John KENNEDY, for like, same punishment
Margaret KENNEDY, for like, same imprisonment
James SMITH and Elizabeth SMITH, for keeping a disorderly house, each to be imprisoned six months, and the male prisoner to be kept to hard labour
James HEGARTY, larceny, three months’ imprisonment and hard labour
John TAYLOR, assault, six months; imprisonment and find security to keep the peace
Henry MARGY and Marcus STUART, larceny, each to be imprisoned three months
John CUNNINGHAM, for like, twelve months’ imprisonment, with hard labour
Bryan MULLAN, jun., for like, the former to be imprisoned three months and kept to hard labour, the latter to be confined for forty-eight hours
James McRORY, Jane WILEY, and Hannah CRAWFORD, for like, the first to be imprisoned for three months and kept to hard labour, the latter two to be imprisoned for nine months
John KEALY, cow-stealing, one month’s imprisonment.
On the 23rd inst. In the parish Church, Magherafelt, BY THE Rev. C. K. IRWIN, Mr. Thomas HAMMERSLEY, of Castledawson, To Miss Sarah Jane STEEL, in the vicinity of Magherafelt.
On Tuesday, 1st ultimo, by the Rev. Alexander T.M. GILL, D.D., James PARK, Esq. Pittsburgh, to Miss Sarah, Daughter of Richard GRAY, Esq., of Alleghanny city.
On Tuesday, the 29th June, at her father’s residence, Rose Lodge, Anahilt, Maria, youngest daughter of Mathew BLACK, Esq., Lieutenant R.N., Agent on board the Maria Somes Transport.
On the 22d ult, at Ballymaguire, near Stewartstown, Mr. William ANDERSON, deeply and deservedly regretted.
On the 26 th ult, at Portlough, (the residence of her brother) Martha, daughter of the late Rev. Geo. DUGALL, of Magherafelt.
At Hill Cottage, Moneymore, on the 25th ult., after two days illness, Mr James ANDERSON, aged 53 years, Agriculturist to the Worshipful Company of Drapers, deeply regretted by all who knew him.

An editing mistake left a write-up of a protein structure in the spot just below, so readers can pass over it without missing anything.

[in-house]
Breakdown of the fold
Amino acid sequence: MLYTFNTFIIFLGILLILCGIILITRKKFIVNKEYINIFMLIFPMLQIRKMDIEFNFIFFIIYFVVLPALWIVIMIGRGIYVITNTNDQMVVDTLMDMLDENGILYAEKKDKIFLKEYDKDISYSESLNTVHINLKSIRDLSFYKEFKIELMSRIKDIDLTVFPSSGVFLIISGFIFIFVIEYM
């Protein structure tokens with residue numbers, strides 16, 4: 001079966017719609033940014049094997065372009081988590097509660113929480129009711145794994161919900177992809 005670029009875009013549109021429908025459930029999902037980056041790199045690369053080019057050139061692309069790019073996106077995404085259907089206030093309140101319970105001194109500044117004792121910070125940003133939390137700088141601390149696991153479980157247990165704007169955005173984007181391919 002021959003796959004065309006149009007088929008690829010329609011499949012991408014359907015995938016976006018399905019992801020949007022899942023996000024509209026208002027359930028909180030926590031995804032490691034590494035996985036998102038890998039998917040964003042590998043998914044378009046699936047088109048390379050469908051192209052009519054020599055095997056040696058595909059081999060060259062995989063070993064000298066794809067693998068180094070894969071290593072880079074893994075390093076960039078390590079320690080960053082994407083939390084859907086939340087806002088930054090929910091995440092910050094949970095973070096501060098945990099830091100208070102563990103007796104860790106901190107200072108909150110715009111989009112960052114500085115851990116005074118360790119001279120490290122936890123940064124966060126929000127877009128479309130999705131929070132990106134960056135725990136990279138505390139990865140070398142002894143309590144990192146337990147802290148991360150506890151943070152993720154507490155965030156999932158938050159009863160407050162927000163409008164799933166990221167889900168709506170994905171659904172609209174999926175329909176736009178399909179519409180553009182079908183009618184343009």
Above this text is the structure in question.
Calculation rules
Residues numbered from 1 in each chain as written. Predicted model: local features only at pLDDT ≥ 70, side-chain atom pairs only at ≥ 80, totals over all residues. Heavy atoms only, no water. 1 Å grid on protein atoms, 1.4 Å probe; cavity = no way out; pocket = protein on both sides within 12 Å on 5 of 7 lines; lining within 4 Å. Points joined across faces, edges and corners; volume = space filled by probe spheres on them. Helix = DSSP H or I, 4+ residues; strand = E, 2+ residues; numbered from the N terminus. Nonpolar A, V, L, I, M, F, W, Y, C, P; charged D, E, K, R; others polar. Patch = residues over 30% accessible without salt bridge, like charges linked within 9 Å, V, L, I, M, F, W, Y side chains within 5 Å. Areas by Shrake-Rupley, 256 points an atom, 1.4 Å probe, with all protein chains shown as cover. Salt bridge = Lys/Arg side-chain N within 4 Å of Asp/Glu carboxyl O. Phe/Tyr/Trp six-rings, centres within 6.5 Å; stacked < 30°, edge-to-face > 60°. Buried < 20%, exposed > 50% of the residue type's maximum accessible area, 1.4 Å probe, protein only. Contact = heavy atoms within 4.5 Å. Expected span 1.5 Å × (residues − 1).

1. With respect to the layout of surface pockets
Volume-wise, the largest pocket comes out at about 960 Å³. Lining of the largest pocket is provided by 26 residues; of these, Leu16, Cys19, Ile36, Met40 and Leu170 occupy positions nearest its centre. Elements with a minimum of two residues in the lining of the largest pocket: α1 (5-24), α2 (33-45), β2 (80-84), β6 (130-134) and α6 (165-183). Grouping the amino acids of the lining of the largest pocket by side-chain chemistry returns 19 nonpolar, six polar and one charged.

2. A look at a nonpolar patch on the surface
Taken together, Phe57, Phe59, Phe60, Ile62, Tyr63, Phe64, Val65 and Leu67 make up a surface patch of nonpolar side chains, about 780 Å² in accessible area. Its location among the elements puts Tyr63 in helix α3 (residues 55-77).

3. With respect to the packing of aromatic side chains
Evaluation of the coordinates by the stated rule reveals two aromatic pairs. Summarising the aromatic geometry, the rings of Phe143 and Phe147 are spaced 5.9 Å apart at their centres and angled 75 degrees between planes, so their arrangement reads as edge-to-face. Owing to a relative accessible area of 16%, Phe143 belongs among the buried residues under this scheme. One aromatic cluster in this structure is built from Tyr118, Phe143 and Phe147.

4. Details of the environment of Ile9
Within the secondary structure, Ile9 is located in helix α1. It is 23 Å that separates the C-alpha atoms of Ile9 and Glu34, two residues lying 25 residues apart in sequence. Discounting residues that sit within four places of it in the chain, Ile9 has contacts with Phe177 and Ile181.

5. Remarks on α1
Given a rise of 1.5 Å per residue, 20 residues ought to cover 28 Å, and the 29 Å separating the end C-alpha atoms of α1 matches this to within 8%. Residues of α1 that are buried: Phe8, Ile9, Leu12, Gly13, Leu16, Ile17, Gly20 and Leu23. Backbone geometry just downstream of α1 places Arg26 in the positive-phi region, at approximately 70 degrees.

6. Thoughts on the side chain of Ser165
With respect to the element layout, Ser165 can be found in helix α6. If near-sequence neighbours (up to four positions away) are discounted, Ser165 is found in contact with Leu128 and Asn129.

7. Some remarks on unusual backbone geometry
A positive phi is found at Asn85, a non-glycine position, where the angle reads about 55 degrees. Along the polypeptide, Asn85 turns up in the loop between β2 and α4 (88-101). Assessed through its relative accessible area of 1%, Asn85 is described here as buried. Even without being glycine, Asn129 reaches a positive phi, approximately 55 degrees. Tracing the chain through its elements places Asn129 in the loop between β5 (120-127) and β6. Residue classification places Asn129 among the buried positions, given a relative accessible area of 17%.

On the 27th ult., in the 61 st year of her age, at Campsey, County Londonderry, after a protracted illness, which she bore with Christian resignation, sincerely and deservedly regretted, Winifred, the beloved wife of Sergeant COLE.
To-day it is our painful duty to announce the death of another of our old and worthy citizens, Thomas CUNNINGHAM, Esq., of Castle-street, who was only four days confined in typhus fever. – Belfast Chronicle.
Death of Hudy McGUIGAN, Or The Quarter-Cleft.
The last of the ancient sept of the McGUIGANS is no more – Hudy McGUIGAN is dead!
He died at Strawmore, in the county Derry, on the 6 th instant, at the advanced age of eighty years. This most eccentric and most extraordinary specimen of Irish wit, frolic, and fun, whose thousand “splores” have been so humorously described by the graphic pen of Mr. HARKIN, is, after an eventful career, gone to the “bourne whence no traveller returns.” Finding his death approaching, he hastened to his native place, Strawmore, where his old friends and neighbours provided a comfortable asylum for him. He became delirious, and whilst in that state, fancied himself in Belfast, “limb-lashing” the “blaggards” of Ann-street and Donegall-quay with his favourite companion, “Black Bess”; and at other times he would be mounted on his matchless mare, “Sheela,” flying over the country; sometimes he would be on his feet again, in the full possession of his pliant limbs, and bounding over “Glenadry, or the Crooked Burn.” He was interred in the family burying ground of Ballinascreen. The people of the surrounding country purpose raising a monument to commemorate his extraordinary adventures.